Don’t Confuse Complex with Complicated, Part 1: What is Information?

Article summary

More than ever, digital experiences impact the way we work, learn, and play. As these experiences become more connected, and therefore complex, it’s never been more important to design for clarity and intentionality in how we build our information.

In part one of this series, we’ll start by examining the term “information” and how it plays a crucial role in project success or failure. To do this, I’ll use the definition taken from Abby Covert’s book How to Make Sense of Any Mess. I’ll also explain why it’s important to understand this interpretation when working on software.

What is information?

We can’t talk about complexity and simplicity without first defining what we mean when we talk about “information.” Covert defines information as “whatever is conveyed or represented by a particular arrangement or sequence of things.” I like this definition when talking about software work. What is software, if not an arrangement or sequence of things?

The other important nuance in this definition is the snippet “conveyed or represented” because this is more or less the “human” part of human-centered design (HCD).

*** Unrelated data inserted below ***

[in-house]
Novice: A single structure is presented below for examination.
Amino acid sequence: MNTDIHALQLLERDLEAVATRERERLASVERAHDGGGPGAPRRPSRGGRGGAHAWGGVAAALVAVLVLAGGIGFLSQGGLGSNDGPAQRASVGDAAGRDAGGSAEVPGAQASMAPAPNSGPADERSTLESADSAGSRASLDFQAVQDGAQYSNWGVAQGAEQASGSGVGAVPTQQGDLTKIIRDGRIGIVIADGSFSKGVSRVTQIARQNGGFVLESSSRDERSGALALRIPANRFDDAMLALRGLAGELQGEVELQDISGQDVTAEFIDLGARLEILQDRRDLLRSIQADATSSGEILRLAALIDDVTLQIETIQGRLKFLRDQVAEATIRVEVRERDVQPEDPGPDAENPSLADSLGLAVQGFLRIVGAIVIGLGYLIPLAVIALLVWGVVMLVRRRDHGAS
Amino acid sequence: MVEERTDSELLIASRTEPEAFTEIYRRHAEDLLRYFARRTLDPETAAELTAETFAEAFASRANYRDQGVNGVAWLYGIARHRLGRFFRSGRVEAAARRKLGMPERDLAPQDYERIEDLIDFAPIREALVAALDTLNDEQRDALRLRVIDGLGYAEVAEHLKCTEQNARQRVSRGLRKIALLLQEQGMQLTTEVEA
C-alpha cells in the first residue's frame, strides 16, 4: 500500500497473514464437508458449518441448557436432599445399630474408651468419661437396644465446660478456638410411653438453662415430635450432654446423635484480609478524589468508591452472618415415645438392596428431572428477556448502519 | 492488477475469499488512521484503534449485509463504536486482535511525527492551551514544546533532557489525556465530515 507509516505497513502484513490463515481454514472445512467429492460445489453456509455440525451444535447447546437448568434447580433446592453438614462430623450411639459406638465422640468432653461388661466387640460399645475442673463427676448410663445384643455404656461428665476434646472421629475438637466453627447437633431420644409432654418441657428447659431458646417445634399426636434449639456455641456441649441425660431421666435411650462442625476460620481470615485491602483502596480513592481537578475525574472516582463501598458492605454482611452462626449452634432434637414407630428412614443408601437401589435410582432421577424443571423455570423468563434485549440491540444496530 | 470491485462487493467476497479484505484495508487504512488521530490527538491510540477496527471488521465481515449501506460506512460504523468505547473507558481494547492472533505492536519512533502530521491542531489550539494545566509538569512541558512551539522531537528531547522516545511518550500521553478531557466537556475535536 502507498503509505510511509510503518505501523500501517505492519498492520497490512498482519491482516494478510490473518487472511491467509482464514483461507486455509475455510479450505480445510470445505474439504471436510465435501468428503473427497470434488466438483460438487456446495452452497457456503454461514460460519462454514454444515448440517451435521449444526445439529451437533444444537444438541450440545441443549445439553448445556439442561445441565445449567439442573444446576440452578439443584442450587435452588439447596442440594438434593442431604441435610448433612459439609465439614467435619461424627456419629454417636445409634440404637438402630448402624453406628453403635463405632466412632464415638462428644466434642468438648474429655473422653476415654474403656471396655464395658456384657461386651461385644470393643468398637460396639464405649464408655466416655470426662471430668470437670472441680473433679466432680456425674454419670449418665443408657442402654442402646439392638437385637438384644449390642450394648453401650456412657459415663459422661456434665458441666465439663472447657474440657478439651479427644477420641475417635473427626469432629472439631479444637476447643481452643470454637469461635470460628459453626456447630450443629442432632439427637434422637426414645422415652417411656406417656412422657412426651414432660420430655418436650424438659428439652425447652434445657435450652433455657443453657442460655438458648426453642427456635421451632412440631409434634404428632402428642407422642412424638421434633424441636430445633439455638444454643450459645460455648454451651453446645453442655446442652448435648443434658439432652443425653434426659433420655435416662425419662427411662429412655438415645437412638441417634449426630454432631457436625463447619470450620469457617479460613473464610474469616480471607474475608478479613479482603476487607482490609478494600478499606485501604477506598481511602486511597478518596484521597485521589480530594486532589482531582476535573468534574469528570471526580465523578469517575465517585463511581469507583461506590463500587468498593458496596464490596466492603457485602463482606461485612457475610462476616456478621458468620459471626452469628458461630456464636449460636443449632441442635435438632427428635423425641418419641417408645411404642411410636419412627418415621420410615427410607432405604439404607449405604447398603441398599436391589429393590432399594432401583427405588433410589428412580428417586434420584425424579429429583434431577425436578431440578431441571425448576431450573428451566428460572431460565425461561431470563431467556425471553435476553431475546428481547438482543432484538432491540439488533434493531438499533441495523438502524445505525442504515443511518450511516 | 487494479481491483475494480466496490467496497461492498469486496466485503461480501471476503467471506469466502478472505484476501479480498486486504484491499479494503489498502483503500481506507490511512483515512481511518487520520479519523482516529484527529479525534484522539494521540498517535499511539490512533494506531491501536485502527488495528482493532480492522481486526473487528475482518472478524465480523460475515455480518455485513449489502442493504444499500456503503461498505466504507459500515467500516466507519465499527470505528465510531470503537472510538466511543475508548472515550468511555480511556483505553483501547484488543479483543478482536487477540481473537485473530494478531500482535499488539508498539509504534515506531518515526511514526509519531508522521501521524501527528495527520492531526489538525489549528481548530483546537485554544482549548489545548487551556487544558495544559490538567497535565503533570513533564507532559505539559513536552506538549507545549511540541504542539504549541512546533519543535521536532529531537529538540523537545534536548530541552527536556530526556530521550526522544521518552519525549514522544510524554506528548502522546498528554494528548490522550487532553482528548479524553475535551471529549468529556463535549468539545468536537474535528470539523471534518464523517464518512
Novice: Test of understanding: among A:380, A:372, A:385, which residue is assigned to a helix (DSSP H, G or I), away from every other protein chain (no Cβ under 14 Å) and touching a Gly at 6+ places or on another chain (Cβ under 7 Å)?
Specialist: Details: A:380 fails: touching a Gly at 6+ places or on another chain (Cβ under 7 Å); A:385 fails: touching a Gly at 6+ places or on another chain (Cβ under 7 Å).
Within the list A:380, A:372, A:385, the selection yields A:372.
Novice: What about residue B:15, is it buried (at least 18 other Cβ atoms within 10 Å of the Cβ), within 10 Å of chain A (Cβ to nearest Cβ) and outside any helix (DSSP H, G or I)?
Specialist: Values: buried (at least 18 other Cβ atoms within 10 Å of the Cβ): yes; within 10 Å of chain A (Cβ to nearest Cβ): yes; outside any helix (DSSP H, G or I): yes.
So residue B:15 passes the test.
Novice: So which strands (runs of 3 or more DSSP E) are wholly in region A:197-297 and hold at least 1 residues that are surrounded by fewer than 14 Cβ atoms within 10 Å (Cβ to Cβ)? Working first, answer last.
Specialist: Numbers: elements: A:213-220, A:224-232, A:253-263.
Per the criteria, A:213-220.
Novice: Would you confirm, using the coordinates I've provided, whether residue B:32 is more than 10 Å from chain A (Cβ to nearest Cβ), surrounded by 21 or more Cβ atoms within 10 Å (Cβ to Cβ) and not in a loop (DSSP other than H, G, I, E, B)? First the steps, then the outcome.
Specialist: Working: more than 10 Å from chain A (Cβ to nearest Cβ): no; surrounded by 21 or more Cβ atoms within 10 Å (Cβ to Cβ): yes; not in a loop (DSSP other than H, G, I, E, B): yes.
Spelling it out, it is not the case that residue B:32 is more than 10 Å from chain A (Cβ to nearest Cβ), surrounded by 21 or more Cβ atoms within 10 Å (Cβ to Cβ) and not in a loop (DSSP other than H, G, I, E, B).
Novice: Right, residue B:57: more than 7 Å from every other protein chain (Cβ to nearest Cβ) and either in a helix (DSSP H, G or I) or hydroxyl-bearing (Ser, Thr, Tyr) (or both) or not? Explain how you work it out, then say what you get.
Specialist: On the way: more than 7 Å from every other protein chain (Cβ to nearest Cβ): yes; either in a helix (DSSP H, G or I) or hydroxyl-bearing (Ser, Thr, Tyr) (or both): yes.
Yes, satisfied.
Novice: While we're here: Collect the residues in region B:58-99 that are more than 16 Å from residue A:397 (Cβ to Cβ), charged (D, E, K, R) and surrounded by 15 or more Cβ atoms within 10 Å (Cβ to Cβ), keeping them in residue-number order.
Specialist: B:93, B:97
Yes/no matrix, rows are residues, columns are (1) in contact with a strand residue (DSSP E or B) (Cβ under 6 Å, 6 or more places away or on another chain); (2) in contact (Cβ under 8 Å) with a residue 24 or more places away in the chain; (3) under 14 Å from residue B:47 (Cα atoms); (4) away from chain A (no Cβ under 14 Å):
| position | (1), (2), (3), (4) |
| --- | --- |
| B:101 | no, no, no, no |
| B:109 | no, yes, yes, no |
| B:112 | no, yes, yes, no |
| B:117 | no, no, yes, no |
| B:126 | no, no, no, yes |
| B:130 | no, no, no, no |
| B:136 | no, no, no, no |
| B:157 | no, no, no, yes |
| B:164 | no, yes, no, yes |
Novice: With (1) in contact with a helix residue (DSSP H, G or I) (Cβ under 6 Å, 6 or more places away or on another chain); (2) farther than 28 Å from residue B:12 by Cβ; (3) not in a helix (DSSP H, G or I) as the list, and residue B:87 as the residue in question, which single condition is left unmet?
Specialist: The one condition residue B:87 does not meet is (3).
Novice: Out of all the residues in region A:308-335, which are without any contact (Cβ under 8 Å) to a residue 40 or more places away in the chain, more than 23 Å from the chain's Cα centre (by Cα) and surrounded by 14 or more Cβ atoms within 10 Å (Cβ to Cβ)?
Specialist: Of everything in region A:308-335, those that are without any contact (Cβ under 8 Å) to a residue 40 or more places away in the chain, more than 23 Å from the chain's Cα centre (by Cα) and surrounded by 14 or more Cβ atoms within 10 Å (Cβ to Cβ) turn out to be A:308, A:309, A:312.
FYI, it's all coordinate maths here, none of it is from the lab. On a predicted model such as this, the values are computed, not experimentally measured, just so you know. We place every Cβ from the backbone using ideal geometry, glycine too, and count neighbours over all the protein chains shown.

It is, in fact, the human using our software who gets to decide what it means, and what we intended to convey might not be what gets interpreted.

This is the crux of information architecture. Working toward clarity is the best way to ensure a successful piece of software. We intentionally architect information to serve different needs. And, when we work within the information layer of a project, we inform decisions about how the technical solution could/should work and how the user experience can be useful for end users.

What isn’t information?

This definition is just as important for communicating what isn’t information. Specifically, that information is not data or content, which often gets lumped into the same category. Instead, information is the message we intend to communicate with that data or content. As I’ve already mentioned, we have more data and content available to us than ever before. It’s important to understand that these things don’t actually make up the information conveyed in our software. The absence of content or data can be just as informing as the presence.

Up Next

Next, I’ll examine why we need to be clear with our definition of “simplicity” and why it’s not the same as reducing the complexity of a system.

In this Series:

  • Part 1: We start by defining “information” and how it plays a crucial role in the success or failure of a project.
  • Part 2: We take a look at why making something simple isn’t the same as making something less complex.
  • Part 3: We explore why you can’t design away complexity, and why you might not want to.

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